Talks on Turkey's bid to join the European Union stalled on Monday when EU foreign ministers suspended discussions surrounding key issues.
Turkish Prime Minister Recep Tayyip Erdogan accused the EU of acting unfairly towards Turkey. Here four Turkish readers debate whether they think their country should proceed with its bid.
SINAN FENERCIOGLU, 23, STUDENT, ISTANBUL
I support Turkey's bid for EU membership but not at all costs.
The right of free movement for all Turkish citizens is an indispensable part of EU membership.
If we are not granted this right, then it will be at best a half-membership. That's simply unacceptable.
Turkey does stand to benefit from the economic impact of EU membership. I don't think our country needs to attract huge amounts of EU funds to make itself better necessarily.
However, the foreign investment we are likely to attract will establish our place on the world map and should make Turkey a prosperous country.
Cyprus is obviously a problem which should have been solved long ago. However, the EU is being totally unfair with Turkish Cypriots and Turkey over this issue.
Turkish Cypriots accepted with a big majority the Annan Plan and the sanctions still remain, while the Greek side rejected it and has been accepted as a full member since.
I think bigger EU members states like France and Germany are using Cyprus as an excuse to stall the process.
It's time to be honest not only with Turkey but also with both sides of the divide in Cyprus.
BEYLERBEYI, STUDENT, 29, FROM ISTANBUL, CURRENTLY LIVING IN SOUTHAMPTON, UK
I am against Turkey's association with the EU, and Nato for that matter.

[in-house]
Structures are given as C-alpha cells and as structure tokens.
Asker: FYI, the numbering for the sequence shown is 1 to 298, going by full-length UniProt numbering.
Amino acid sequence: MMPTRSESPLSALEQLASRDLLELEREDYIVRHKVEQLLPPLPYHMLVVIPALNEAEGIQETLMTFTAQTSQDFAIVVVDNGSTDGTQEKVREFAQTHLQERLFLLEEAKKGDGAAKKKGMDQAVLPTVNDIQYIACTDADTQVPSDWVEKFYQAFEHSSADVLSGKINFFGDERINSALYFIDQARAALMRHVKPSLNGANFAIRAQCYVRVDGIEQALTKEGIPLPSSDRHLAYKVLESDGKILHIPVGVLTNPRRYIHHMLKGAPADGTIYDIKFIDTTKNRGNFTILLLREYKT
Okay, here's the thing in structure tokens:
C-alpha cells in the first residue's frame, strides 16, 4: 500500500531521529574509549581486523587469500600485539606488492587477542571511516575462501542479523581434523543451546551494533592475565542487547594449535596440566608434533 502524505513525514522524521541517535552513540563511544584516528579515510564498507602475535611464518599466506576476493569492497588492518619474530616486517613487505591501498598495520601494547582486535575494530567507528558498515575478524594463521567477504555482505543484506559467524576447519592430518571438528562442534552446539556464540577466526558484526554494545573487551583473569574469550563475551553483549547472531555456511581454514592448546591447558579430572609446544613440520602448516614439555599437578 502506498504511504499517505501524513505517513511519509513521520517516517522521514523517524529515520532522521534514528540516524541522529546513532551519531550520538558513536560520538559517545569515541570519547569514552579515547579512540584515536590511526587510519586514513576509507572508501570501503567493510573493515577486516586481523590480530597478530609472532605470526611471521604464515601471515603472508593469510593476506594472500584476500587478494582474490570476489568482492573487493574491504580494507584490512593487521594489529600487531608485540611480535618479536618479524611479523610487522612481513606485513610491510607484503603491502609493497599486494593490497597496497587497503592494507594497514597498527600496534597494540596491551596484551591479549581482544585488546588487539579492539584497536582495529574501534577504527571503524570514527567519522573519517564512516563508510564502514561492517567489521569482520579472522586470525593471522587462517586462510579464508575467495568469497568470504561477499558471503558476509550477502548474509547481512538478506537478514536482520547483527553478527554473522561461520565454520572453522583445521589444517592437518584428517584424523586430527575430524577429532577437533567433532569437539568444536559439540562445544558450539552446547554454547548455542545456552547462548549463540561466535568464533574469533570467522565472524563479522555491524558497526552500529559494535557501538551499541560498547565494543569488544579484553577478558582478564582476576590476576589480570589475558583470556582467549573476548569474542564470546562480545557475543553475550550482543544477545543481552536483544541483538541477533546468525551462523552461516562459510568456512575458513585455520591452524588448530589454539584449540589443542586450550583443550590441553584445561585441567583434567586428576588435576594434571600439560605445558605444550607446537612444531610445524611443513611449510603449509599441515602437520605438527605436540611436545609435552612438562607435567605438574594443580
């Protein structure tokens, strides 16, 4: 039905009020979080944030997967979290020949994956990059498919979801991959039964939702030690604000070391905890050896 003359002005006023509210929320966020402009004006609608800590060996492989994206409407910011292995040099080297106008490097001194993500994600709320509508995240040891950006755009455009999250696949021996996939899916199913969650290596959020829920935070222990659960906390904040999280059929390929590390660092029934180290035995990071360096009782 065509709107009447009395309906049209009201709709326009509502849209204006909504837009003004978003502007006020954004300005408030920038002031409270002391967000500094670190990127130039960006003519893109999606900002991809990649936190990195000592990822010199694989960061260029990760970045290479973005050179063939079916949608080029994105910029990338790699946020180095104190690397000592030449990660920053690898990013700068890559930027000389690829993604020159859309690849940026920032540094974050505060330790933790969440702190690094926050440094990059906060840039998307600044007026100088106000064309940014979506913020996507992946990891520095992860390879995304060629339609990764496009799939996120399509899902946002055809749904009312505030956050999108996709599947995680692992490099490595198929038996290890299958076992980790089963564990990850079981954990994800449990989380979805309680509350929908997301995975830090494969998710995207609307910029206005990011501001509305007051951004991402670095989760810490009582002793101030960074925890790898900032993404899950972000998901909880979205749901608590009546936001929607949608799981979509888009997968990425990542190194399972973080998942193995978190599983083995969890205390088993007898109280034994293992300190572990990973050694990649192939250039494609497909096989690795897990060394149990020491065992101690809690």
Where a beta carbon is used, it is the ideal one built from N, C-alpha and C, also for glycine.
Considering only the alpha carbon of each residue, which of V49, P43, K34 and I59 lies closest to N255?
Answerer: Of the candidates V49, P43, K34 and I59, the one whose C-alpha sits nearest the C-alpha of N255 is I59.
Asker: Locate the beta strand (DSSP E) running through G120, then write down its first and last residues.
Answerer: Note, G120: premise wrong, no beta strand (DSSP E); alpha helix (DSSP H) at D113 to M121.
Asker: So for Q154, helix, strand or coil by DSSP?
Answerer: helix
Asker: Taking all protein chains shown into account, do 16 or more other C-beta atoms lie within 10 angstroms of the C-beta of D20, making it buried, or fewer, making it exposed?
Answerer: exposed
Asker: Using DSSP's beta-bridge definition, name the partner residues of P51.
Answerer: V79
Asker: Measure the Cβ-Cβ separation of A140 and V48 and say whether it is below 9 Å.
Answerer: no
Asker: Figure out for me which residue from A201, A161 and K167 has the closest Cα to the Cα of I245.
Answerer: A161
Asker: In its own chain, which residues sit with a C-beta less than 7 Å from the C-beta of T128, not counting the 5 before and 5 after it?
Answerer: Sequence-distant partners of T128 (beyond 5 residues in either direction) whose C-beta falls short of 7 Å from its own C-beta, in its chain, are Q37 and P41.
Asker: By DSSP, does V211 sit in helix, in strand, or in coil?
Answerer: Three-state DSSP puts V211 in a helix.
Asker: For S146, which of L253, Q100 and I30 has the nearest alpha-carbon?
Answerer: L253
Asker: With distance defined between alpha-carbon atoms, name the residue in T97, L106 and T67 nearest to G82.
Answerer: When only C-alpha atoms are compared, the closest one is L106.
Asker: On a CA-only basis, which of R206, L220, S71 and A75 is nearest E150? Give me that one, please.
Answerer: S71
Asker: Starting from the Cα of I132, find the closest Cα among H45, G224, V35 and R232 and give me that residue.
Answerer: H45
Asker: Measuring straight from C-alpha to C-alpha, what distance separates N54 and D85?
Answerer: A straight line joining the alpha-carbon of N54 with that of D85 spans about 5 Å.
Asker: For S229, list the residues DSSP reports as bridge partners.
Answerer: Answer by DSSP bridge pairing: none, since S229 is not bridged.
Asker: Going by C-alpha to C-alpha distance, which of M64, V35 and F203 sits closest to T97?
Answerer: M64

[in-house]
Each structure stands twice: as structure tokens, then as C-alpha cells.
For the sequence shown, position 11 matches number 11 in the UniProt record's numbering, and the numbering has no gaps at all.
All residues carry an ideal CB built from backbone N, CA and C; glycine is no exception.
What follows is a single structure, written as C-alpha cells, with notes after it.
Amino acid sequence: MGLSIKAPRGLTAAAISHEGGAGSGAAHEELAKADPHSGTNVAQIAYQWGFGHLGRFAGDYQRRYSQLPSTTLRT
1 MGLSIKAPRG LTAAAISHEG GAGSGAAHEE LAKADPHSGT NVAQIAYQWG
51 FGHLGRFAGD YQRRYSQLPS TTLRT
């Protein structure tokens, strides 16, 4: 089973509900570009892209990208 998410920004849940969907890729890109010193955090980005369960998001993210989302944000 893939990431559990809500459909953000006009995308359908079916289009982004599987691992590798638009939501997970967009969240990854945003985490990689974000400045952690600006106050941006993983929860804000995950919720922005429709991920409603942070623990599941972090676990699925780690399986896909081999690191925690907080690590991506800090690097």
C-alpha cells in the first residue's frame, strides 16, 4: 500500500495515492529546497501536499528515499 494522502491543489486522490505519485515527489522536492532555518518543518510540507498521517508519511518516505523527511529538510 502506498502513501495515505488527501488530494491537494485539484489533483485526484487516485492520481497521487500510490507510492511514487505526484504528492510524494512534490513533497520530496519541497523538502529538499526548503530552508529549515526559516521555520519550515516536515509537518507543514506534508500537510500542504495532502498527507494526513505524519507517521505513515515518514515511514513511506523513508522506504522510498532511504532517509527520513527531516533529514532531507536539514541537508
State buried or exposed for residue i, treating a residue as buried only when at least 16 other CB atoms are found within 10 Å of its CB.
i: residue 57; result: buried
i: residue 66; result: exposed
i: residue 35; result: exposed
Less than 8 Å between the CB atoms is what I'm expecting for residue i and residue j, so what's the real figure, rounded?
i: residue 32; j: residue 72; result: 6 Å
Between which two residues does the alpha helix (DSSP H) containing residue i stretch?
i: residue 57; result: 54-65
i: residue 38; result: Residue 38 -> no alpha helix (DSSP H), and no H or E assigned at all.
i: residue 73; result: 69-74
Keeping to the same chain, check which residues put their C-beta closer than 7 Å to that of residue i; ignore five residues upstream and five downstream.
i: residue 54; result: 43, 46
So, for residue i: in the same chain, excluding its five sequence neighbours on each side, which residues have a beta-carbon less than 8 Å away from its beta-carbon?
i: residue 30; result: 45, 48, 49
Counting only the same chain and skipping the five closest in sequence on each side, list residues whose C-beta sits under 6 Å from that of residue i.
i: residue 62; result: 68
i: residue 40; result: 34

Turkey should instead cooperate with its neighbours in the region to promote development and prevent further imperialistic aggression by the West.
I oppose the EU because it is a club for developed countries who exploit the Third World by employing global organisations such as the IMF, World Bank, WTO, or through bilateral actions.
Some EU countries are even willing to use force, as we have seen in Iraq and the former Yugoslavia.
It is no coincidence that support for Turkey's EU membership comes mainly from the business elite and the political classes of UK, Italy and Spain - countries currently supporting the USA's imperialistic adventures.
In return for this support, Turkey is expected to remove all remaining obstacles, including allowing Europe access to its economy and continuing its support for the West in keeping the Middle East, the Balkans and Caucasus under control.
While the US-UK axis may fear that Turkey will move further away from the West without EU membership, the Franco-German axis believes it is possible to keep Turkey as an ally without it.
They use Cyprus as an excuse to stall the whole negotiation process, but it is EU involvement that has exacerbated the Cyprus problem.
EU officials declared that the economic isolation of the north would be eased after the UN plan was rejected in the south.